An Introduction to Stamp Collecting.

A Letter from Home. In 1937, Mildred Pelzer won the federal commission (WPA) to complete the post office mural for Waverly, Iowa, as part of the Section of Painting and Sculpture′s projects. The mural depicts a scene of a couple on their farm, where the wife had brought a letter from their previous home to the field. As her husband paused his plowing, the wife read the letter to him, as their child grasped at her mother’s skirts. Click here to read more about the artwork of Mildred Pelzer.

Each United States postage stamp is assigned a collecting number (i.e. U.S. #838) and we have given each item in our collection a number as well (i.e. S-0041). Throughout the webpages on Our Iowa Heritage, you’ll find pictures of U. S. postage stamps, postal covers, etc. with links to other informational pages. We highly suggest you use these links so you can learn more about what the stamp/cover is all about, the date it was released and/or postmarked, and the city involved. Here’s an example…

(S-0041) U.S. #838   3¢ Iowa Territory Centennial Stamp –  First Day of Issue: August 24, 1938  City: Des Moines, Iowa.

Philatelists (stamp collectors) collect stamps in various formats:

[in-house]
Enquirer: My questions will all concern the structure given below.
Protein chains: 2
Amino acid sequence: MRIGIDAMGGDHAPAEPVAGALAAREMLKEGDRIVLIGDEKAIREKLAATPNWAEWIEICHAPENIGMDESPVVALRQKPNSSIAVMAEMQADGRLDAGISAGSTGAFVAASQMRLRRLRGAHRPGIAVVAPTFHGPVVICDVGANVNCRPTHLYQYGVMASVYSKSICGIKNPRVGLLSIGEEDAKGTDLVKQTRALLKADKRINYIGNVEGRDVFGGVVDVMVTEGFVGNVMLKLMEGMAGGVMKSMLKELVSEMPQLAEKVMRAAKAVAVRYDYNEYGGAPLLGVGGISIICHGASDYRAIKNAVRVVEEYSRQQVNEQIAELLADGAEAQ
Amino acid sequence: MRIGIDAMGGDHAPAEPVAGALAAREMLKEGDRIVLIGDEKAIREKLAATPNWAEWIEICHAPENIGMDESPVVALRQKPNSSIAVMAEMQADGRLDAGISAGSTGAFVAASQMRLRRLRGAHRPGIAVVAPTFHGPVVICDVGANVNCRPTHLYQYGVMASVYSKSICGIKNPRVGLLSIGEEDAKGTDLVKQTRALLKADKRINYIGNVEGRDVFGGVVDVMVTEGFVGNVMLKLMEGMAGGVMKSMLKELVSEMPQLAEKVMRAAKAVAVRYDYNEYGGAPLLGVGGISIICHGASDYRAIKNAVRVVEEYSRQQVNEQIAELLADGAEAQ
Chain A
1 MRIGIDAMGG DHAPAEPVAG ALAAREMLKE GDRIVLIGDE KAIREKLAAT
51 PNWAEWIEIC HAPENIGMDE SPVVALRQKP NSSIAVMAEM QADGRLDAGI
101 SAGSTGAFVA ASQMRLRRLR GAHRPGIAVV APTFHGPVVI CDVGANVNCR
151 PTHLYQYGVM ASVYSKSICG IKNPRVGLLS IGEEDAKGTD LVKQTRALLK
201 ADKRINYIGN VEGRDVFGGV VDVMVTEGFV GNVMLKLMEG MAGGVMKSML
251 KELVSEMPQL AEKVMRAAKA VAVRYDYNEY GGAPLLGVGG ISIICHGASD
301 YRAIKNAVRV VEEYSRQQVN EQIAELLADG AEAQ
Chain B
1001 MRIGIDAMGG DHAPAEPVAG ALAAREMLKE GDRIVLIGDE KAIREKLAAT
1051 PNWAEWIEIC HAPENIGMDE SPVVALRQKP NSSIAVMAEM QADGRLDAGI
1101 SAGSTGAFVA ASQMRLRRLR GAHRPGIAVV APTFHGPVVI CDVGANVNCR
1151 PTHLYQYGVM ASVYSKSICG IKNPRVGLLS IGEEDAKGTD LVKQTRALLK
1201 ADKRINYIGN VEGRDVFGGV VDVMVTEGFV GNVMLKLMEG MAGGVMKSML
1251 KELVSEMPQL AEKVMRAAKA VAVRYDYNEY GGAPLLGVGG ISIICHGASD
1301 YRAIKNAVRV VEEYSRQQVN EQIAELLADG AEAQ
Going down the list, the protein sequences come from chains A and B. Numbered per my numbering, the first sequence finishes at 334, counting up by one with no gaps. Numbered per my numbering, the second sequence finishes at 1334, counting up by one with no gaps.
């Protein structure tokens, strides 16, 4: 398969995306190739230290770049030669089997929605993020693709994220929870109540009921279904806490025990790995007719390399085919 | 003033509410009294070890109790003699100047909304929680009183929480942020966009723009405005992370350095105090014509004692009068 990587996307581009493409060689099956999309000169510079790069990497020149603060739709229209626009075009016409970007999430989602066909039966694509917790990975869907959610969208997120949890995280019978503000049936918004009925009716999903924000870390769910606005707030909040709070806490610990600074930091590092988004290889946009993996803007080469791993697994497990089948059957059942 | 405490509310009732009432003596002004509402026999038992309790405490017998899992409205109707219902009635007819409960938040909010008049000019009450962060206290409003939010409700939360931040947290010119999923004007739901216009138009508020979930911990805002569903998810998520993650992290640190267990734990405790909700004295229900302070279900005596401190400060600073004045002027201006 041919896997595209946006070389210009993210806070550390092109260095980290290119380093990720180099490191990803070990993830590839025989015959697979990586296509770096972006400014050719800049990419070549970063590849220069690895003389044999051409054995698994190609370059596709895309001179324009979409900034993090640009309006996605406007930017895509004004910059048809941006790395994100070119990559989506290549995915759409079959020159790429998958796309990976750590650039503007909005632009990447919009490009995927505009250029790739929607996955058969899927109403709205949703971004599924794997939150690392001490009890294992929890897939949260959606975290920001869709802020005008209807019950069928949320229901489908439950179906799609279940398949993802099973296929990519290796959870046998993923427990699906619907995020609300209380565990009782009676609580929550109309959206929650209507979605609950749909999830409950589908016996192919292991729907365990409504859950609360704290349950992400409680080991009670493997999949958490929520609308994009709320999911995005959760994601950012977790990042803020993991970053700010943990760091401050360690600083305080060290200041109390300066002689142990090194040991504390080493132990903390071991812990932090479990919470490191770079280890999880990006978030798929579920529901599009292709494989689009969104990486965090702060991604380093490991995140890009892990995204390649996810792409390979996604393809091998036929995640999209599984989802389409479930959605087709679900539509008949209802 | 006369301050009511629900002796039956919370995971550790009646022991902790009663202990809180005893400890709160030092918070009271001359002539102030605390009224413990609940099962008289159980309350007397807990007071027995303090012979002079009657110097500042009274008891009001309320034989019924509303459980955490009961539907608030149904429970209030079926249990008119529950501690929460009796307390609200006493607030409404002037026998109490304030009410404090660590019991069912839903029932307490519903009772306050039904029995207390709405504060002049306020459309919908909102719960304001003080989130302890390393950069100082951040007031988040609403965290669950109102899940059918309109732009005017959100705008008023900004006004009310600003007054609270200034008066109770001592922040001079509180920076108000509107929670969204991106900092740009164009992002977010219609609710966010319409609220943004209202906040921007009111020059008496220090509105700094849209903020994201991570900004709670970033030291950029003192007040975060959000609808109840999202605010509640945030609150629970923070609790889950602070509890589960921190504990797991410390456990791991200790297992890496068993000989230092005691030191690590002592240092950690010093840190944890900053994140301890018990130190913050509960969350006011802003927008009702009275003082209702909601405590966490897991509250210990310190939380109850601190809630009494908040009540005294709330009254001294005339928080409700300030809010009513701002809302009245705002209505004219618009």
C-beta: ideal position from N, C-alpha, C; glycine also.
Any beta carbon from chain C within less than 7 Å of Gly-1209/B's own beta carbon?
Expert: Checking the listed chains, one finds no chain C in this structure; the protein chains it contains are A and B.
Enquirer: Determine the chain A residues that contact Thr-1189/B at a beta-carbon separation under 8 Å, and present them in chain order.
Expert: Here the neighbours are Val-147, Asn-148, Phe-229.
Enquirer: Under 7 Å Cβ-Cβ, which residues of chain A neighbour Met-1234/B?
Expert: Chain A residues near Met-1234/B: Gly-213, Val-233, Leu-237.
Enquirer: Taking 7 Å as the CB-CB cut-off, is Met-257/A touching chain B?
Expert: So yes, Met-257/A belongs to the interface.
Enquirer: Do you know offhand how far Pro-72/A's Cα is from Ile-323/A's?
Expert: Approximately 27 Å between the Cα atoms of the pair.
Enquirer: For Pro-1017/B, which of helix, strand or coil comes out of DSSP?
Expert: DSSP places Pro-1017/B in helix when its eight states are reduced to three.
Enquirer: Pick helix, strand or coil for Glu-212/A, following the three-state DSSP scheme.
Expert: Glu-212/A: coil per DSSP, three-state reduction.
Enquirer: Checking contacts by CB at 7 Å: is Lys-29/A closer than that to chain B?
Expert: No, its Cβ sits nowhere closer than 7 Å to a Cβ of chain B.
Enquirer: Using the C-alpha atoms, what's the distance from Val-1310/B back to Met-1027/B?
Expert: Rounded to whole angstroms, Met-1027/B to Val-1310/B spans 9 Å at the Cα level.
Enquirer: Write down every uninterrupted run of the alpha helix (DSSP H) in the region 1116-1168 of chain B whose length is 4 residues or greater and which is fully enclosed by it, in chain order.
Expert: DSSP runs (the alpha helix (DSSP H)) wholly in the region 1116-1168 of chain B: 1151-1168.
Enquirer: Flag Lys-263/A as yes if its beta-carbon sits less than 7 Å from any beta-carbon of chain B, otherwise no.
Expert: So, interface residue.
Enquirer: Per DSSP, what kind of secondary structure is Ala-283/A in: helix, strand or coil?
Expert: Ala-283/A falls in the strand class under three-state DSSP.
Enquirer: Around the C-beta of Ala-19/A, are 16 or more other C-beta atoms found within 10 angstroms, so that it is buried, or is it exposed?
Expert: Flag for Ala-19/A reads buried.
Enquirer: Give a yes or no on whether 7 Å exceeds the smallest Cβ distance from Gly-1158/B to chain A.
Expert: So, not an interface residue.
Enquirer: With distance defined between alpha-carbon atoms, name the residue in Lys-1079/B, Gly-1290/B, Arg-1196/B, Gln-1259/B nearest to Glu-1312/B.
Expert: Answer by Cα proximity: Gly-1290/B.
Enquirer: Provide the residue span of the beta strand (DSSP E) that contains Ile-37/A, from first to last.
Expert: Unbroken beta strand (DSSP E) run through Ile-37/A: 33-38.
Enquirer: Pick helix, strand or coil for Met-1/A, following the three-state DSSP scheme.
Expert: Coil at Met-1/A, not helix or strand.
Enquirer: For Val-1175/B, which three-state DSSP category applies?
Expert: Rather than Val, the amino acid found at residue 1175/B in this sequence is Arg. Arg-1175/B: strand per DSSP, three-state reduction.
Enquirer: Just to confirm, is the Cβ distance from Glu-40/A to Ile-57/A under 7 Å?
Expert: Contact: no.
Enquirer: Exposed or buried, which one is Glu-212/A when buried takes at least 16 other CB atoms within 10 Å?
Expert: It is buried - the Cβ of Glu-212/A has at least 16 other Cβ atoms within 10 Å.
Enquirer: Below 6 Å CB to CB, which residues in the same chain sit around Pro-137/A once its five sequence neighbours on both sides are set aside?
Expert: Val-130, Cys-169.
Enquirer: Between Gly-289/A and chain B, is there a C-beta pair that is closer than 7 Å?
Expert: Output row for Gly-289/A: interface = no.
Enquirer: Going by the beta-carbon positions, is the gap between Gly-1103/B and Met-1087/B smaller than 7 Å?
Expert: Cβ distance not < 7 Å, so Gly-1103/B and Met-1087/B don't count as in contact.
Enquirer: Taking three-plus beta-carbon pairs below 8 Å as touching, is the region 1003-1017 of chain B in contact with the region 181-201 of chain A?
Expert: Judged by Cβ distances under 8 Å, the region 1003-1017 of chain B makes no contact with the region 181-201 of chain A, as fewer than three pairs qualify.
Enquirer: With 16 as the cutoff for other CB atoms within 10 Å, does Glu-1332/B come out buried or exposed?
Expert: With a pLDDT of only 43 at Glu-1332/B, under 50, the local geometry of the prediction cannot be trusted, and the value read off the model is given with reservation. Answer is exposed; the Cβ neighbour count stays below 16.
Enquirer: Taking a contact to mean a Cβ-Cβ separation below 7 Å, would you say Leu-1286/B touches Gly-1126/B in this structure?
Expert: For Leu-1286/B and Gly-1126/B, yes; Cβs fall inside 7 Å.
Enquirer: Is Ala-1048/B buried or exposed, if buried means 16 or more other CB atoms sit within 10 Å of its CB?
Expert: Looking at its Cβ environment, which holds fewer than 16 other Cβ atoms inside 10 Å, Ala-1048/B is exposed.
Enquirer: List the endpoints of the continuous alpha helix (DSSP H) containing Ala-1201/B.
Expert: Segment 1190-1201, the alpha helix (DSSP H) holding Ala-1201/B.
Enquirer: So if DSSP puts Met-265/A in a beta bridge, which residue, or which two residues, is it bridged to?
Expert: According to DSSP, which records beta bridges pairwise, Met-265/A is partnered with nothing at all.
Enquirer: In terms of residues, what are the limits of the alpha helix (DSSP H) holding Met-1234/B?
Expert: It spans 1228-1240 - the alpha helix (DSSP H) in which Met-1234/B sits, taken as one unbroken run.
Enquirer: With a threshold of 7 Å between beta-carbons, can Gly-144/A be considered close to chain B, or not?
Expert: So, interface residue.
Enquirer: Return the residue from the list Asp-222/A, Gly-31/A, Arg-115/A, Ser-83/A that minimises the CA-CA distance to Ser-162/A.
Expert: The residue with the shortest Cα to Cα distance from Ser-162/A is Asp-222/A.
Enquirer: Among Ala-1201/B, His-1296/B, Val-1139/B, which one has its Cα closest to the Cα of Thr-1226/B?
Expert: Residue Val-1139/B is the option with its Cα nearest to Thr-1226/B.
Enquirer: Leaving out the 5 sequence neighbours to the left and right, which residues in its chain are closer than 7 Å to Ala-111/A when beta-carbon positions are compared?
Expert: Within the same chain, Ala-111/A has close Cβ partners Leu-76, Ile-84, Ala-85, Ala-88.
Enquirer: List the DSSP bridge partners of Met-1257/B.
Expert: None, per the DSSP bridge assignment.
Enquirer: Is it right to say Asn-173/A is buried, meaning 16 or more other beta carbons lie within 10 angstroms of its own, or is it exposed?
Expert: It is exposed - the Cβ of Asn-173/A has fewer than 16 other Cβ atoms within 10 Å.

(S-0049) A single stamp called a commemorative that celebrates a special person, place, or event and has a limited time of being sold. Here is U.S. #3088 Iowa Sesquicentennial commemorative stamp sold in 1996.
(S-0038) A single stamp called a regular issue that generally sticks to a common theme like presidents, statesmen, US flags, etc. Regular issues come in a set of standard denominations and are sold over a longer period of time. Here is U.S. #1030 1/2-cent Benjamin Franklin sold in the 1950’s.
(S-0006) A plate bock is a corner set of four stamps that also includes the salvage (the outer portion of the printed sheet) which displays the plate printing number.
(S-0063) A complete sheet – usually 50 stamps.
(C-0121) A First Day Cover (FDC) – a decorative envelope featuring the new stamp postmarked and dated in the city in which the stamp was first released by the postal service.
Collectors also look for interesting postmarks on older letters (see pic) and these are called Postal Covers.